Antibiotics and the FDA: will the agency reboot its policies?

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Former vice president of infectious disease research at Wyeth and ACSH advisor Dr. David Shlaes knows a thing or two about dealing with the FDA, and its misguided policies regarding approval of new antibiotics. Shlaes, an expert consultant and the author of the sometimes horrifying blog "Antibiotics the perfect storm," has been lobbying the FDA for years, trying to get them to correct their disastrous policies that began in the 1990s and have left us with a public health emergency - antibiotic resistance and the lack of a robust pipeline of new drugs to combat this resistance.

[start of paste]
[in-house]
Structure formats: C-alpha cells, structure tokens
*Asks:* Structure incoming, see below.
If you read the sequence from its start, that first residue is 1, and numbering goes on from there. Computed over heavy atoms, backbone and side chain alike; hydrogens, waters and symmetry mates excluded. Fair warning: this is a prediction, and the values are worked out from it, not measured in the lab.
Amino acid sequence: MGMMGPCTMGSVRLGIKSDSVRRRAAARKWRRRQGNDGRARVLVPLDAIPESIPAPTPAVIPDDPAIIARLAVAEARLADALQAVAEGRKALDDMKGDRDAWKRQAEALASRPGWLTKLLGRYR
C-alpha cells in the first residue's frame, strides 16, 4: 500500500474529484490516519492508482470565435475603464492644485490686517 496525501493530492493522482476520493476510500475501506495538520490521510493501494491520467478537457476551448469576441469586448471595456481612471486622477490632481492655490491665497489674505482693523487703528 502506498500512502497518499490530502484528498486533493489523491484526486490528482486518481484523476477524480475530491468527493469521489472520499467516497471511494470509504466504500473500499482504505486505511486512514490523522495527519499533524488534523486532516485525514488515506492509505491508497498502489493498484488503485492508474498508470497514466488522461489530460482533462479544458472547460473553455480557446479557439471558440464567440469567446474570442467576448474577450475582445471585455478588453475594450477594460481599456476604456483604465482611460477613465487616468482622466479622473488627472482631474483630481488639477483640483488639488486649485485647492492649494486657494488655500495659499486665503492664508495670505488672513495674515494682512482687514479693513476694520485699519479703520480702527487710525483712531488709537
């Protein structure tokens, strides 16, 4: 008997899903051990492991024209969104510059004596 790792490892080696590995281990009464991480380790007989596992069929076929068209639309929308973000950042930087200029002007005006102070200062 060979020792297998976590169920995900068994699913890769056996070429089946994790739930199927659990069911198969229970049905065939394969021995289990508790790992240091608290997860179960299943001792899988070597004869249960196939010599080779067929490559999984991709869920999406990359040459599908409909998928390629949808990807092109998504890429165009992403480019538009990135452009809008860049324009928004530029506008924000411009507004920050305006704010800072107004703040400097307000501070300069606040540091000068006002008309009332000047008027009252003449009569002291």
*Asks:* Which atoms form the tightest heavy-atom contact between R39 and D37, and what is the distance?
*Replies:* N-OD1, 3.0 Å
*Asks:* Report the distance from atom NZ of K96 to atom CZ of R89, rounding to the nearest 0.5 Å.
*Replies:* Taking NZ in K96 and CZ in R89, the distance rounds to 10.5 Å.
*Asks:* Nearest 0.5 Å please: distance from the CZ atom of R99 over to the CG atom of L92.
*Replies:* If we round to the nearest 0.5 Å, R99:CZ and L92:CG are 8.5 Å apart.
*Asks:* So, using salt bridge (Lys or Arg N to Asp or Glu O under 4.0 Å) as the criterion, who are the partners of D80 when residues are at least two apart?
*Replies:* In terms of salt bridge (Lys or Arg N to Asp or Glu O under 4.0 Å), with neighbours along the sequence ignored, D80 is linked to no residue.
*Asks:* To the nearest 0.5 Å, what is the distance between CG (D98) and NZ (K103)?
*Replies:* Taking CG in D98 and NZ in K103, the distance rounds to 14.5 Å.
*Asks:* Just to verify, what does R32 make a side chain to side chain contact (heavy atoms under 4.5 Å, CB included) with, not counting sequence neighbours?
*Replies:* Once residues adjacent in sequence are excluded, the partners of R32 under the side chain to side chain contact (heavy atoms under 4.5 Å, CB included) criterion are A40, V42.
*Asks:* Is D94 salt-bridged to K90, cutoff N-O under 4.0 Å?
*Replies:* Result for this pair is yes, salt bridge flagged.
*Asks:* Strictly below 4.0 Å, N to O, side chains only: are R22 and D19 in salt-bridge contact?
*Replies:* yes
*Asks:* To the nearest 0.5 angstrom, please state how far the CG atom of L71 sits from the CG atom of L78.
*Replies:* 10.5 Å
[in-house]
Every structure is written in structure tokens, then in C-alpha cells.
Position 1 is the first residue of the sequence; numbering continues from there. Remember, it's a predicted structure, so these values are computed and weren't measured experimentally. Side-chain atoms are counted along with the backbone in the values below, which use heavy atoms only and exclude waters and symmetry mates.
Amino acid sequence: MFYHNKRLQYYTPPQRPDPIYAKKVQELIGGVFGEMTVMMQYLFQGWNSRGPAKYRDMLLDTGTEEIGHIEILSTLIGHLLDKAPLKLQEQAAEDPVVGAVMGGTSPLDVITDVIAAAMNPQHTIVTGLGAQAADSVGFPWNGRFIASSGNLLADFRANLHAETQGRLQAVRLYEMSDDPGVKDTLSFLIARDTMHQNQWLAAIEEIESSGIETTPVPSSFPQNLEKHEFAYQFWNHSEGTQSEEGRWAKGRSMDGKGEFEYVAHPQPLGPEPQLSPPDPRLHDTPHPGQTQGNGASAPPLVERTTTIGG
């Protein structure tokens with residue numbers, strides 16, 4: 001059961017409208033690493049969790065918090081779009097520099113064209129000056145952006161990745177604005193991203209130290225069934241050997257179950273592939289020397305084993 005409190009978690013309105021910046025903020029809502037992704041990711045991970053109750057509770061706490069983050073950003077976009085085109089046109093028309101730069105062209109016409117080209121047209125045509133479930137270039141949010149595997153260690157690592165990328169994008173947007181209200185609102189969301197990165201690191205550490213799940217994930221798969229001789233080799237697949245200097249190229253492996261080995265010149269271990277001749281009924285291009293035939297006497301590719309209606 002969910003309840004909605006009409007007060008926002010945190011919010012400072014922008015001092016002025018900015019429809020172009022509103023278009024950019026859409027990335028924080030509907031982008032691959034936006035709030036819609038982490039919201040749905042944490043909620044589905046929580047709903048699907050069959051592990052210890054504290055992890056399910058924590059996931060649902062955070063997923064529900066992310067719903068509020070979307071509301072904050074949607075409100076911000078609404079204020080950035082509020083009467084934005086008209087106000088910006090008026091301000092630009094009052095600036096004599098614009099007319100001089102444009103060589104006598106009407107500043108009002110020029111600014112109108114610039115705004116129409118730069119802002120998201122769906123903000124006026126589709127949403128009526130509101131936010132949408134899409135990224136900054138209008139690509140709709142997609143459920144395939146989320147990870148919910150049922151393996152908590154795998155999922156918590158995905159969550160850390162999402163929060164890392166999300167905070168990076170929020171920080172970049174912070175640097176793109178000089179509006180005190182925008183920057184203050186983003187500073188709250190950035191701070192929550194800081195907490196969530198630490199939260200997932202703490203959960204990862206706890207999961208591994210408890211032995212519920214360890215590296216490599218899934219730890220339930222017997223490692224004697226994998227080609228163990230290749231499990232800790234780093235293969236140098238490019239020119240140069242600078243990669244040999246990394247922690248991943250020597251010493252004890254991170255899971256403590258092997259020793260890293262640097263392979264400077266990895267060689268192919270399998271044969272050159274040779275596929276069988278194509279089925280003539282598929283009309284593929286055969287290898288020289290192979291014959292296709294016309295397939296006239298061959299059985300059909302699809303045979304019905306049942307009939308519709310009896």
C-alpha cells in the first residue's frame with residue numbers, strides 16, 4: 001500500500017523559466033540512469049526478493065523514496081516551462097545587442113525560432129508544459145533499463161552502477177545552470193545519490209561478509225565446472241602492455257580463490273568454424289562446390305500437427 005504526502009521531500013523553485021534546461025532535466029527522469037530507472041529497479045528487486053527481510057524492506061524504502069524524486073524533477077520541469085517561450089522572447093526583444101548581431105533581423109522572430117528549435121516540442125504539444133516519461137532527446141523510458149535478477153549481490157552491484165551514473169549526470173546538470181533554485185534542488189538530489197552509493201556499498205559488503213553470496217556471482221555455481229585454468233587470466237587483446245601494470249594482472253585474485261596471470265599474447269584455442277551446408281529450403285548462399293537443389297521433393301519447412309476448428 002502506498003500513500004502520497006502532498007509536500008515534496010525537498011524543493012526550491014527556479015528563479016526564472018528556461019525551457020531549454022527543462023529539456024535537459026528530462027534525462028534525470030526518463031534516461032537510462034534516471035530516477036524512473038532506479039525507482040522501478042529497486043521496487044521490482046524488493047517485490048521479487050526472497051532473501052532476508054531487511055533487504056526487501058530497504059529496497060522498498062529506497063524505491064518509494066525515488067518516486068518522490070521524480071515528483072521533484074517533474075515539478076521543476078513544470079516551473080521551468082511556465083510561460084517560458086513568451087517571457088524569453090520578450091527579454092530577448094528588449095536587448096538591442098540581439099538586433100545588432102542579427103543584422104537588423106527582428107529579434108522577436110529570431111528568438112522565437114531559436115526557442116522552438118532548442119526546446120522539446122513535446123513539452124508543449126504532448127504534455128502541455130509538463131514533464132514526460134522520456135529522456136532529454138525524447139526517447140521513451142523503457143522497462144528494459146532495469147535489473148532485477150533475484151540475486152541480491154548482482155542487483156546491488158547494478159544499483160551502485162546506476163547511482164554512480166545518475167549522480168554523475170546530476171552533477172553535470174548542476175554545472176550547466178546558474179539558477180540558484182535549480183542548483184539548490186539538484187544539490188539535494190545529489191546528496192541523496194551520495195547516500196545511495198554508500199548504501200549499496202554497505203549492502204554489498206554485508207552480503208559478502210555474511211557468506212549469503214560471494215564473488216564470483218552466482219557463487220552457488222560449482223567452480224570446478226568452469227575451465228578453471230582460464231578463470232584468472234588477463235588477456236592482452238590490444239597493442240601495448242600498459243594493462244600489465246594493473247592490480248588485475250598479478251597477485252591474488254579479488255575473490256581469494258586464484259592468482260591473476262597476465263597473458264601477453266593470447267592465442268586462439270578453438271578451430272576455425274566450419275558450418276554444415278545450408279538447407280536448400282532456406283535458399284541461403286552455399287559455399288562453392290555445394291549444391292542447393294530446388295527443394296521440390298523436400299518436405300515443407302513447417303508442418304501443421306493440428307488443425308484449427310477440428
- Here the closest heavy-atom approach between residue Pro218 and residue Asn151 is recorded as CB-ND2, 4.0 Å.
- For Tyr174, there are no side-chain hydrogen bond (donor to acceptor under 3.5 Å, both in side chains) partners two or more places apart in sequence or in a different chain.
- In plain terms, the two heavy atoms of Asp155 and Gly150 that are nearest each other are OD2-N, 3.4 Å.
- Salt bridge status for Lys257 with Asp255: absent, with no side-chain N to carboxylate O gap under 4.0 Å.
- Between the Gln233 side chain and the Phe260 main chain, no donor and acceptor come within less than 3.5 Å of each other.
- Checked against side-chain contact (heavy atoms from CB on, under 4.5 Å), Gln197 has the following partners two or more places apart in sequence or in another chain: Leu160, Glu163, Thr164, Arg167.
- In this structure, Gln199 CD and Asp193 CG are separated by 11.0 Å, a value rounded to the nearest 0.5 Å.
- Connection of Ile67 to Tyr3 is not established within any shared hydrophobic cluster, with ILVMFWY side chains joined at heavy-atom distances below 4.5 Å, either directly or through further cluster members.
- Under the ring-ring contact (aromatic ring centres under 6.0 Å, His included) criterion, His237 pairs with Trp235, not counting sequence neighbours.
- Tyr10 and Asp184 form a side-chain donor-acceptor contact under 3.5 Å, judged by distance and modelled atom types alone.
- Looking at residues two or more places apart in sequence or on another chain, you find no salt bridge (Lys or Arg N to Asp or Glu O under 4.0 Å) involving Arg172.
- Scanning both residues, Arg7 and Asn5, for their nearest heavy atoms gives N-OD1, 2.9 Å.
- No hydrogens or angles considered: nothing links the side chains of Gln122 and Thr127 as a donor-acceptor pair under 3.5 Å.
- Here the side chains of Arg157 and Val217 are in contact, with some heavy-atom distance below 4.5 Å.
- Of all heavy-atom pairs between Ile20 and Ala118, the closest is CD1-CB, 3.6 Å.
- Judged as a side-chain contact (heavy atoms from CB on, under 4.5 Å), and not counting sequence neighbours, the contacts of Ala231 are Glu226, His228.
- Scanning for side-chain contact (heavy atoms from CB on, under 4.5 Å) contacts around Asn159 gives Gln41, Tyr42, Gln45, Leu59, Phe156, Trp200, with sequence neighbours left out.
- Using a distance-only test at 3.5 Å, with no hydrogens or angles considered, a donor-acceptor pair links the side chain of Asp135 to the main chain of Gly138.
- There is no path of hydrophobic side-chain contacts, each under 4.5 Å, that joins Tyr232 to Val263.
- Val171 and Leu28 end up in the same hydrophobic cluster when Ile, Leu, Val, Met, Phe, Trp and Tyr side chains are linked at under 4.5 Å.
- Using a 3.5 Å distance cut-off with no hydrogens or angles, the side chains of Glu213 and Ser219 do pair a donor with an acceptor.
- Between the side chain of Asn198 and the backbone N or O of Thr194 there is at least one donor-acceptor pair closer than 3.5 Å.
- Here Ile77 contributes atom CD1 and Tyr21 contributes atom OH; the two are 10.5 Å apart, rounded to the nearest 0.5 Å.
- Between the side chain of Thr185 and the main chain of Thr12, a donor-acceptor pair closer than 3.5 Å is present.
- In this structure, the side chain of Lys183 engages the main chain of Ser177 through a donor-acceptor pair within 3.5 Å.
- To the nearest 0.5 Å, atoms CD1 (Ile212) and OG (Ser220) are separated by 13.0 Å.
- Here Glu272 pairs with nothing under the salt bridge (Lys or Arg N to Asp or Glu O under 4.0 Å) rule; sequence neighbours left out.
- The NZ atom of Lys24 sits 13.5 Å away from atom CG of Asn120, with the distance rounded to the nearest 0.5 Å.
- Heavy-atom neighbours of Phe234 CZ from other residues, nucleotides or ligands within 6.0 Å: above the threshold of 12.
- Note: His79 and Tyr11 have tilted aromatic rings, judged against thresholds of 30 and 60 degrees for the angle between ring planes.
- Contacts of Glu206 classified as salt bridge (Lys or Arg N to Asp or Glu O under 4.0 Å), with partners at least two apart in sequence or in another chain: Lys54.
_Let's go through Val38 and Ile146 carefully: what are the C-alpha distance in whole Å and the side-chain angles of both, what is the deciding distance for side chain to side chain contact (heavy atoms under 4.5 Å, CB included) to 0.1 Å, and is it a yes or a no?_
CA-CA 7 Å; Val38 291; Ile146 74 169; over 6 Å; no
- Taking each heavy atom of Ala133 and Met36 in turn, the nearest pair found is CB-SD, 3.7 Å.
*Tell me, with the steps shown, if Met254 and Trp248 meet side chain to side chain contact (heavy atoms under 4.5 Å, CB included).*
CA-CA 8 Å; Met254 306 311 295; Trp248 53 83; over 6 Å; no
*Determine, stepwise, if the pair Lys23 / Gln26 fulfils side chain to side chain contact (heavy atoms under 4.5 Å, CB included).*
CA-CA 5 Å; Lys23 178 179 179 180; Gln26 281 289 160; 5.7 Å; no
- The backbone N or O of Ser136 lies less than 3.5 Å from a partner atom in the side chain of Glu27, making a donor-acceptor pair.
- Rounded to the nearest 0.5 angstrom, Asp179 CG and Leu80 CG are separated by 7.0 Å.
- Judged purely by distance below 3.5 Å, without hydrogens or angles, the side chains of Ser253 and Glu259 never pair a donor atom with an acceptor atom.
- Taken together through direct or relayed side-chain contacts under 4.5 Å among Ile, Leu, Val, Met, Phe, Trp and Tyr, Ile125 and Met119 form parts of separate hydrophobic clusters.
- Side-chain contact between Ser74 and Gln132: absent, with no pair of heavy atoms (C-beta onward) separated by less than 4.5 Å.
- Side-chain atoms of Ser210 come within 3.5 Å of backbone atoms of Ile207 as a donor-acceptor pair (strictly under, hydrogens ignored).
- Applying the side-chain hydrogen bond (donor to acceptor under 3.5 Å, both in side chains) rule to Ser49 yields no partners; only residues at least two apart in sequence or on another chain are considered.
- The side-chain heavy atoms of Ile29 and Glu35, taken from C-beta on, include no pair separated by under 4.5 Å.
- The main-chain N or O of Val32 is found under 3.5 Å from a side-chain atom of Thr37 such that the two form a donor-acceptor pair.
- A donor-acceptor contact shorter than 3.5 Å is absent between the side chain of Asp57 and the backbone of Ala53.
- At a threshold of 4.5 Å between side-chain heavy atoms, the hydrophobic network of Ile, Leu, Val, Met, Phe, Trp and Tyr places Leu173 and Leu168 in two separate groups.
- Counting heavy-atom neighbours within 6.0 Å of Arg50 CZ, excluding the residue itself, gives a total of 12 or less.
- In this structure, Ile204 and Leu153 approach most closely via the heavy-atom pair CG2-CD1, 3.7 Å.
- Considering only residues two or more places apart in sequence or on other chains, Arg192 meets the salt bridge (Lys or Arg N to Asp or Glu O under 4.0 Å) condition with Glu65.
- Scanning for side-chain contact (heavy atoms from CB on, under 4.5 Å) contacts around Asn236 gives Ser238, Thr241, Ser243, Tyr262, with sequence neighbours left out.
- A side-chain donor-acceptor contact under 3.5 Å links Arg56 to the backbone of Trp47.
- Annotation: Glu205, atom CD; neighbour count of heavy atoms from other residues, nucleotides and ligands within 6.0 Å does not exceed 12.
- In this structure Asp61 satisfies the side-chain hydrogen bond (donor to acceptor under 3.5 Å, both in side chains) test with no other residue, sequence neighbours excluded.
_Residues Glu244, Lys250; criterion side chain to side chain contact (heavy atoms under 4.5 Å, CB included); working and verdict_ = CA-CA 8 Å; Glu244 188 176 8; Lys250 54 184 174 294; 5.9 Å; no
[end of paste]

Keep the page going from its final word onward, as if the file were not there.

Dr. Shlaes has just had a commentary accepted in the prestigious journal Antimicrobial Agents and Chemotherapy, where he discusses the FDA's effort to "reboot" their antibiotic policies.

"They have requirements for prohibiting the use of all prior antibiotics," Dr. Shlaes said. "People get sick, they call their physicians and physicians prescribe antibiotics over the phone, so by the time the patient is sick enough to get to an emergency room where they might be enrolled in a trial, they've already had one or two doses of antibiotics. So some of their requirements simply aren't feasible."

You won't believe some of the obstacles he has faced. In the above interview, he gives an overview of a very serious regulatory problem that could have probably been prevented.